Alma del Mar releases more details on plans for New Bedford’s Kempton School

Date Published: 
February 5, 2019
Aimee Chiavaroli
News Type: 

NEW BEDFORD — Provided that the former Kempton School is conveyed to Alma del Mar, plans include an addition on the site, a charter school official said.

Alma del Mar is also eyeing a temporary space to open the second campus in August, school spokeswoman Becca Kurie said.

“Our initial reaction to what we saw during the (Kempton) walk-through was that it’s promising but will take a lot of work,” Kurie said in an email.

The roof is leaking and there is water damage throughout the building, she said. Mayor Jon Mitchell has said that the school, built in 1901, doesn’t have a functioning boiler.

“But we also saw stacks of chapter books and classroom materials that reminded us we were walking through a building that once was used to educate New Bedford kids, and we’re hopeful that it will return to that use again soon,” Kurie said.

The School Committee and the City Council will have to vote in order for Alma del Mar to get Kempton at no cost. School district property is administered by the School Committee, but in the case of a property transfer following a school closure, the property is turned back to the city and then the council approves plans from there, explained Andrew O’Leary, assistant superintendent of finance and operations.

Last month, the Board of Elementary and Secondary Education granted Alma del Mar an additional 450 seats, and as a condition the school is set to participate in “good-faith negotiations” with New Bedford Public Schools, resulting in a memorandum of understanding, which is subject to approval by Commissioner Jeffrey Riley. The MOU needs to be taken care of within 45 days of the letter of intent being signed.

If Riley determines that negotiations on the MOU between both parties have “irretrievably broken down” or necessary legislation hasn’t been enacted in “sufficient” time for planning and implementation of the neighborhood charter school model, the board has approved an additional 594 seats instead of 450.

The overall structure of the building is solid, Kurie said. The second campus will need an addition to increase the capacity of the building to serve 450 students.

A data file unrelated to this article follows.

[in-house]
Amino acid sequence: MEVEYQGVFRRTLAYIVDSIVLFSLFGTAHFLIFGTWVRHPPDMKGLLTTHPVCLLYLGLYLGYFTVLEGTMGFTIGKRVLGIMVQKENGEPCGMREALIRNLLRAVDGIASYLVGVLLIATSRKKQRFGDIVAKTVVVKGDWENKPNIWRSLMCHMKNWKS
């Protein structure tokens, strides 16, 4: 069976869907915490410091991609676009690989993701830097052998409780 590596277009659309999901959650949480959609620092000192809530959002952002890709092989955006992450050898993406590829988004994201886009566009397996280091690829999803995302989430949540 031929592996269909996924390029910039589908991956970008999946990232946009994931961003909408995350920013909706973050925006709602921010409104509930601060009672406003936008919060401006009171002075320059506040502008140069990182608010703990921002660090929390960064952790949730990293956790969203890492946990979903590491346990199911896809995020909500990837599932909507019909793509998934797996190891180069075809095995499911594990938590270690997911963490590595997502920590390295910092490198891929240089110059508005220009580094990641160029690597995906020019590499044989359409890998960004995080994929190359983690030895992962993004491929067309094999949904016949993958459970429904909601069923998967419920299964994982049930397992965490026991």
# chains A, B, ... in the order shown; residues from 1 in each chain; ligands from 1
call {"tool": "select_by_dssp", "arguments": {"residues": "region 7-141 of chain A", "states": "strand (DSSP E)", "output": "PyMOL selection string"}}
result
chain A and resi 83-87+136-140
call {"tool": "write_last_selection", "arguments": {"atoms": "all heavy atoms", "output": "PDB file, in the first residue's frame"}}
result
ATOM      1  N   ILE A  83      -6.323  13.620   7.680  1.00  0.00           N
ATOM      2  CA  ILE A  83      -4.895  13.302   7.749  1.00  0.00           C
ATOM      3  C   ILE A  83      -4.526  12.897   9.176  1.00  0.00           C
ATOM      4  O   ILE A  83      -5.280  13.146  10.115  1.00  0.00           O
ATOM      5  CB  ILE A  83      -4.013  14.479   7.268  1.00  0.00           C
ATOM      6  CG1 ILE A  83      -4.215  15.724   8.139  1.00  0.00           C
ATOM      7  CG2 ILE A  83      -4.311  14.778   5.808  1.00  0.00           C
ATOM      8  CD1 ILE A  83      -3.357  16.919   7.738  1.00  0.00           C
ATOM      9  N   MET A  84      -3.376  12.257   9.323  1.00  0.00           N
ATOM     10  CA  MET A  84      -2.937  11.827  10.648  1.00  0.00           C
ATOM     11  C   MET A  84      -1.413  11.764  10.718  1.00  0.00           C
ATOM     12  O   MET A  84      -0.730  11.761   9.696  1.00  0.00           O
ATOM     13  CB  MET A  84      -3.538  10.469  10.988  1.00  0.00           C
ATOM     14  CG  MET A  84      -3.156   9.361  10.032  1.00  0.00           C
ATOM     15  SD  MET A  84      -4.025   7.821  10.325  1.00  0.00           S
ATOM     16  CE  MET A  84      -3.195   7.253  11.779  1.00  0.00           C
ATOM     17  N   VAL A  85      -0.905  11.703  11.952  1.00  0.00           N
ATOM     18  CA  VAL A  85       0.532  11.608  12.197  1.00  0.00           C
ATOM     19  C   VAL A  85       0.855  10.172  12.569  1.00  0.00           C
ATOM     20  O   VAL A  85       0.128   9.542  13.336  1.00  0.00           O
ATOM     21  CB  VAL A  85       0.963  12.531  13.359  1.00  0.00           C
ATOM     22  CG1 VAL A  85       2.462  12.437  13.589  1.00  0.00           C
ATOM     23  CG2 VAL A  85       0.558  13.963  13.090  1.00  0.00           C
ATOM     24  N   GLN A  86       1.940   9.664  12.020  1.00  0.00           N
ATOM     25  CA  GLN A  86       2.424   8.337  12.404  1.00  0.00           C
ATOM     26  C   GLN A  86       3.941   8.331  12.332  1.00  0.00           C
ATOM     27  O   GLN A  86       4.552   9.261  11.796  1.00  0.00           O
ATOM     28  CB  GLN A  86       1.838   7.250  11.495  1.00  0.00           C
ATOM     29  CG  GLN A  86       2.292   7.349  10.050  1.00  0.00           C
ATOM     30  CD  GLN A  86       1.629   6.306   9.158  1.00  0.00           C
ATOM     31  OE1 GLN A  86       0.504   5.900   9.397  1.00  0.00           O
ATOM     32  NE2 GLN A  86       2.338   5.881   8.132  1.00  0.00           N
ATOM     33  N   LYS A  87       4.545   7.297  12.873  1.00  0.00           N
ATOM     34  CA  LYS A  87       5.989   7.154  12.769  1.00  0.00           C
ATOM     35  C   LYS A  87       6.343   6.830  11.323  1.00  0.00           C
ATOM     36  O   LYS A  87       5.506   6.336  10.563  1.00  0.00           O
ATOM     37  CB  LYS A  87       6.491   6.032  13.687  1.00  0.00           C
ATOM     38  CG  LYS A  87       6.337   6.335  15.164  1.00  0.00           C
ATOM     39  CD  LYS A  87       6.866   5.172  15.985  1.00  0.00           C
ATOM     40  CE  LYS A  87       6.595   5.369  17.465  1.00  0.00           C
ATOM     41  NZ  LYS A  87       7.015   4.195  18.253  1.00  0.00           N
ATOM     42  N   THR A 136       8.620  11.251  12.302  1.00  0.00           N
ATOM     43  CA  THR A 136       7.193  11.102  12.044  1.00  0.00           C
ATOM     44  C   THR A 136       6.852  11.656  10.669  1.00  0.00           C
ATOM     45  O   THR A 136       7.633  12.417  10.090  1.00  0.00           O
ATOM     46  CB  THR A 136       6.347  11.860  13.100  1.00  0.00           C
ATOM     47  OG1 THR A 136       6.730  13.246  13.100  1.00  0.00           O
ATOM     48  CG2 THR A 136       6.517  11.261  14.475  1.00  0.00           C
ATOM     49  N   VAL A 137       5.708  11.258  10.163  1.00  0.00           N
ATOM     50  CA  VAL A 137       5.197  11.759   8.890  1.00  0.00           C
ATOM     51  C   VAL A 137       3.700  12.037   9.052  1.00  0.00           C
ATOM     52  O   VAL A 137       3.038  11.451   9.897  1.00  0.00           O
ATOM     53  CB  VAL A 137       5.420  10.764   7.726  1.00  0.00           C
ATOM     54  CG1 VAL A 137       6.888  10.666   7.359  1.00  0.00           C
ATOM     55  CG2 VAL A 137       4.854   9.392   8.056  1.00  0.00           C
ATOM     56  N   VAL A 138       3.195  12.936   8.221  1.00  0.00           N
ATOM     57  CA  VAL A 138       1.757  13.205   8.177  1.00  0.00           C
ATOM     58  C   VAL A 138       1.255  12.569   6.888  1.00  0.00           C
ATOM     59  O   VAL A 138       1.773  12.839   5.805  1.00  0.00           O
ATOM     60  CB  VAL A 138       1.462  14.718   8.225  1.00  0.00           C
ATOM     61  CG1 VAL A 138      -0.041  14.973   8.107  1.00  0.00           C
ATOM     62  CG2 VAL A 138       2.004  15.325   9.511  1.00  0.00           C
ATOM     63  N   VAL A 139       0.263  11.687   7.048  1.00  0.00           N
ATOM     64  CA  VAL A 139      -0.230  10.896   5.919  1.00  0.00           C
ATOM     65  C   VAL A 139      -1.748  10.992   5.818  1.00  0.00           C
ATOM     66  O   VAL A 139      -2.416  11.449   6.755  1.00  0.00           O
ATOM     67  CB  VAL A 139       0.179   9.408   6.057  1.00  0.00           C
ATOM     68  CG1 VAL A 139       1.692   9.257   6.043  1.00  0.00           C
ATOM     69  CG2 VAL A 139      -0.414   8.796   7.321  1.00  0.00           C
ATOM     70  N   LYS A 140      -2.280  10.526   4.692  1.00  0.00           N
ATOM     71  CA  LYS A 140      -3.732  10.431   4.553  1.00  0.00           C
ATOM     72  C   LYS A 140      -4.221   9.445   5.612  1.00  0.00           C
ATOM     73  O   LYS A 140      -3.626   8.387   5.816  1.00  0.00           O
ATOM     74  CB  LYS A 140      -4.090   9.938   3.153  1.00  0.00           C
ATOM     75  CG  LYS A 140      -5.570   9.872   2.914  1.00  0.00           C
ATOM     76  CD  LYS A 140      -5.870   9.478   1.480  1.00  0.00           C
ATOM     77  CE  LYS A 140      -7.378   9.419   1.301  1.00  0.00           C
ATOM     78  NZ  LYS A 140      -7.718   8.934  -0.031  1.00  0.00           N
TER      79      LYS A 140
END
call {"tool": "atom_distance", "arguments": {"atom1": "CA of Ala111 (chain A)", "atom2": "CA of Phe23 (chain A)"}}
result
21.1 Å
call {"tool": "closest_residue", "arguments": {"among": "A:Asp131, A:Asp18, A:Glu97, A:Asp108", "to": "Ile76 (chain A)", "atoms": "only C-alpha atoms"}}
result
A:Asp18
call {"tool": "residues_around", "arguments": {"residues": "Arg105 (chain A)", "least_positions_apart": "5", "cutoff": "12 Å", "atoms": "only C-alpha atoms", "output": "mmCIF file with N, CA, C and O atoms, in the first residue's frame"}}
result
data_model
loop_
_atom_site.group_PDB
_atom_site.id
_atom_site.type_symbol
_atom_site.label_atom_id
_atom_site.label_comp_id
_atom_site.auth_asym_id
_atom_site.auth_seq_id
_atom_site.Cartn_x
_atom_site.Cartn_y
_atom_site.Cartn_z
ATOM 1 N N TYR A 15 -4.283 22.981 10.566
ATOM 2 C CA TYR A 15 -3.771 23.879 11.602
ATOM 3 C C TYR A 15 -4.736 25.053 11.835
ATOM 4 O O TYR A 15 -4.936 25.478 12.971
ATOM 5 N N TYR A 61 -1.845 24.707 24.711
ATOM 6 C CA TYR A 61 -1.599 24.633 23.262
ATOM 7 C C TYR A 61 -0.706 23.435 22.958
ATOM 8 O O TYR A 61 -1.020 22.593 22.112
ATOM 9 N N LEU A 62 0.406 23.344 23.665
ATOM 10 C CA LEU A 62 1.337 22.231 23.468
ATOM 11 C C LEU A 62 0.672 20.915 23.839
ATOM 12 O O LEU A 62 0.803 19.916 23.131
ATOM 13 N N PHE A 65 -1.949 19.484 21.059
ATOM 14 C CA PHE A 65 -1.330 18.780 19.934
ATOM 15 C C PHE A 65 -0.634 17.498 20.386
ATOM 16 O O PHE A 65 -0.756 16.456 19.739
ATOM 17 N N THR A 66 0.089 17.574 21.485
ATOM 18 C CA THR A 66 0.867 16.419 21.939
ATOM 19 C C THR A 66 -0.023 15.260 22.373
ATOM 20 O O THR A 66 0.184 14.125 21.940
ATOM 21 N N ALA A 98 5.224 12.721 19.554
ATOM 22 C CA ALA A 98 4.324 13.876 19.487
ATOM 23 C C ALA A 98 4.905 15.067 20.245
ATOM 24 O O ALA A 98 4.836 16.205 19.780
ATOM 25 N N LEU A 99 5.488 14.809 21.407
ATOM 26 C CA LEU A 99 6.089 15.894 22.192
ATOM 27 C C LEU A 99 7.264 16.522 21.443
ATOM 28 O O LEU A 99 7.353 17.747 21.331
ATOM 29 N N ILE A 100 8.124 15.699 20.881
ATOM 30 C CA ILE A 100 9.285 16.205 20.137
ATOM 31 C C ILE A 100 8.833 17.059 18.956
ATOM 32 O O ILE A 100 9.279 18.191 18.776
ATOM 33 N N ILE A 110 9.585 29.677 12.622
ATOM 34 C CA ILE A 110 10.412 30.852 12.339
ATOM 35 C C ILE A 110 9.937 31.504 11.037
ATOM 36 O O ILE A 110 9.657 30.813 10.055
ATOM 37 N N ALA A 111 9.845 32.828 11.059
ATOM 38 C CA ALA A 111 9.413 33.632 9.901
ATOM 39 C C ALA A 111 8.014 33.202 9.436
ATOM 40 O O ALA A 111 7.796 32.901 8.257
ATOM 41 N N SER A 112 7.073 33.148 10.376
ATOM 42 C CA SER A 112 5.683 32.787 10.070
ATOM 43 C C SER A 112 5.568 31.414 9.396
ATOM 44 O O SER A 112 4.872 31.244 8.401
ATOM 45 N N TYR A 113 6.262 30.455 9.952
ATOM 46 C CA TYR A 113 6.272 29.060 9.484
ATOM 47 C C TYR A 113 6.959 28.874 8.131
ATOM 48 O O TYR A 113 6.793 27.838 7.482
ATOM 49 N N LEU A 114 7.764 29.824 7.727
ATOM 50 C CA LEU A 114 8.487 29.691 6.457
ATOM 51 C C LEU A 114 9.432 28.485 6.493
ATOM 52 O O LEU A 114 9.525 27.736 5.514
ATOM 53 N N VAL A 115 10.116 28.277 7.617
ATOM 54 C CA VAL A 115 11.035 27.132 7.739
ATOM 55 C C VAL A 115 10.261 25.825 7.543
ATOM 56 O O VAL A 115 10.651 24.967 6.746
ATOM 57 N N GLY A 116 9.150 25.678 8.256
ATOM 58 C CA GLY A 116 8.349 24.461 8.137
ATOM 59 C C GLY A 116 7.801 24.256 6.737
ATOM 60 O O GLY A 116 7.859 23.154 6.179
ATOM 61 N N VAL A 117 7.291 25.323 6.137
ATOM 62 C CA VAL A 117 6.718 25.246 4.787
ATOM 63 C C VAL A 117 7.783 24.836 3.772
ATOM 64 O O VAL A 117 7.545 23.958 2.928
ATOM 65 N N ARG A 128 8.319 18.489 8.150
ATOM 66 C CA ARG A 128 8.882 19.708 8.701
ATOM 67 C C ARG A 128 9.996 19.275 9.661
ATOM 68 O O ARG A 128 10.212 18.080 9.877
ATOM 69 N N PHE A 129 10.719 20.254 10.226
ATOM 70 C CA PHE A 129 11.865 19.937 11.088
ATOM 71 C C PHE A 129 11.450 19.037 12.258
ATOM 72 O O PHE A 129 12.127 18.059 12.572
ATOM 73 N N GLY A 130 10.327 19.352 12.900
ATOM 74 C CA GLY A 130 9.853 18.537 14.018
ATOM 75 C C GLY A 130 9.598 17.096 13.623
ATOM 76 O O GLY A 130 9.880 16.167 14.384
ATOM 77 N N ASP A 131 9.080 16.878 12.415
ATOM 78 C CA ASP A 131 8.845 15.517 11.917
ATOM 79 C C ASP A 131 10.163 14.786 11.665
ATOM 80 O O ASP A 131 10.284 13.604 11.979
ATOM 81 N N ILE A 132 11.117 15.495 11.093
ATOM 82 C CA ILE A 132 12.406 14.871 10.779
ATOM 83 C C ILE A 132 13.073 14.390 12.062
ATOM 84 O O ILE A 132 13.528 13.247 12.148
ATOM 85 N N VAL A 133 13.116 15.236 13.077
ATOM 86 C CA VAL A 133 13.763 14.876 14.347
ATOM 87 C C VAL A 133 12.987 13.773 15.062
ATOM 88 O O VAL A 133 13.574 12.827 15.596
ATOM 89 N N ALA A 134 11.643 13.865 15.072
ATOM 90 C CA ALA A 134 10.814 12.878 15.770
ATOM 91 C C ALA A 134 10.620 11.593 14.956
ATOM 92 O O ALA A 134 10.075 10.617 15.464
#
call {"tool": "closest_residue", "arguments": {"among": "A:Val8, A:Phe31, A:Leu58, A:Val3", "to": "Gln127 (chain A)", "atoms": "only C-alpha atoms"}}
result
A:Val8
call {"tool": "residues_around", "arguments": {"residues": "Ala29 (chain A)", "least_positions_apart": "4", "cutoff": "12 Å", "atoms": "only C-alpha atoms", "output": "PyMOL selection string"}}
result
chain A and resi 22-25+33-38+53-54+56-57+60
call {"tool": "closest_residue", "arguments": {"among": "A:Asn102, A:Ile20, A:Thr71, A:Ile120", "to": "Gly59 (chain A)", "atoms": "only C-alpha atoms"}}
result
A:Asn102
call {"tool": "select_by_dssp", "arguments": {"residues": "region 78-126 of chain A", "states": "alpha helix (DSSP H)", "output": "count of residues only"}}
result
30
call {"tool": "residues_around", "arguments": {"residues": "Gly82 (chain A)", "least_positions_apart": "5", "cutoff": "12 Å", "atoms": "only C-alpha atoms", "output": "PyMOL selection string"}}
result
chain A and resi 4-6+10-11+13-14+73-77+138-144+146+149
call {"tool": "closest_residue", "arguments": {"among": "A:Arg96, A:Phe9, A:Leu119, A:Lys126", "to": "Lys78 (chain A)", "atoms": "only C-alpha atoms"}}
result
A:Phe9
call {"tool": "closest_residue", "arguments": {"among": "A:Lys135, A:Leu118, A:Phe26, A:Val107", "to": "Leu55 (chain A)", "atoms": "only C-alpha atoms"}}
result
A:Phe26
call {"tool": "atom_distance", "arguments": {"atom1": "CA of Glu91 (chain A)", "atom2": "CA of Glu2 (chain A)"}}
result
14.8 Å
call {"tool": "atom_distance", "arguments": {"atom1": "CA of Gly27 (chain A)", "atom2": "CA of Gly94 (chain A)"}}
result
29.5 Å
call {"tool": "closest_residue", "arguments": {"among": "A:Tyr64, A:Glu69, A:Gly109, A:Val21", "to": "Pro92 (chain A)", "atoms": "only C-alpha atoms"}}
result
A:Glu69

Asked about the capacity, O’Leary said it’s approximately 180 students, but it only reached that point once or twice over the past 20 years. In that time and up to its closure in 2015, the school averaged 130 students.

O’Leary described Kempton as a “very simple two level building” with an attic and basement. The latter had been used for kitchens, boiler space and cafeteria seating. He confirmed there is no gym in the school.

Alma del Mar officials anticipate that it will take several years to repair and renovate the building and are working on an estimated cost, Kurie said,.

Kurie said Alma del Mar has begun fundraising and anticipates qualifying for some funds through the Federal Charter School Program Grant, since charter schools aren’t eligible for funding through the Massachusetts School Building Authority.

The original school was funded by $10 million in tax-exempt bonds through MassDevelopment, more than $4 million in New Market Tax Credits and $3 million via its own fundraising, Kurie said.

Alma del Mar moved into the former Ottiwell School in 2011. According to minutes from a July 17, 2014 City Council meeting, the council voted to sell Alma del Mar the property for $102,500.

In the fall of 2016, students and staff were able to move into a newly constructed school on the opposite end of the same block. Then, the Ottiwell School was demolished.

Costs to oversee the Kempton property are currently negligible, O’Leary said by email, since major utilities were shut off. The property requires basic security, exterior lighting and lawn care, he said.

O’Leary said Kempton and Rodman Elementary spent a total of $1,654,050 in the 2014-15 school year. Rodman absorbed most Kempton students and spent $1,208,000 the next year, he said.

So, maximum savings are about $446,00 but with some students going elsewhere in the district, the “true observed savings” were likely in the low $300,000 range, he said, when asked how much the district actually saved by closing Kempton.

According to the New Bedford assessor’s website, the total value of the property for fiscal year 2019 is listed as $1,497,300.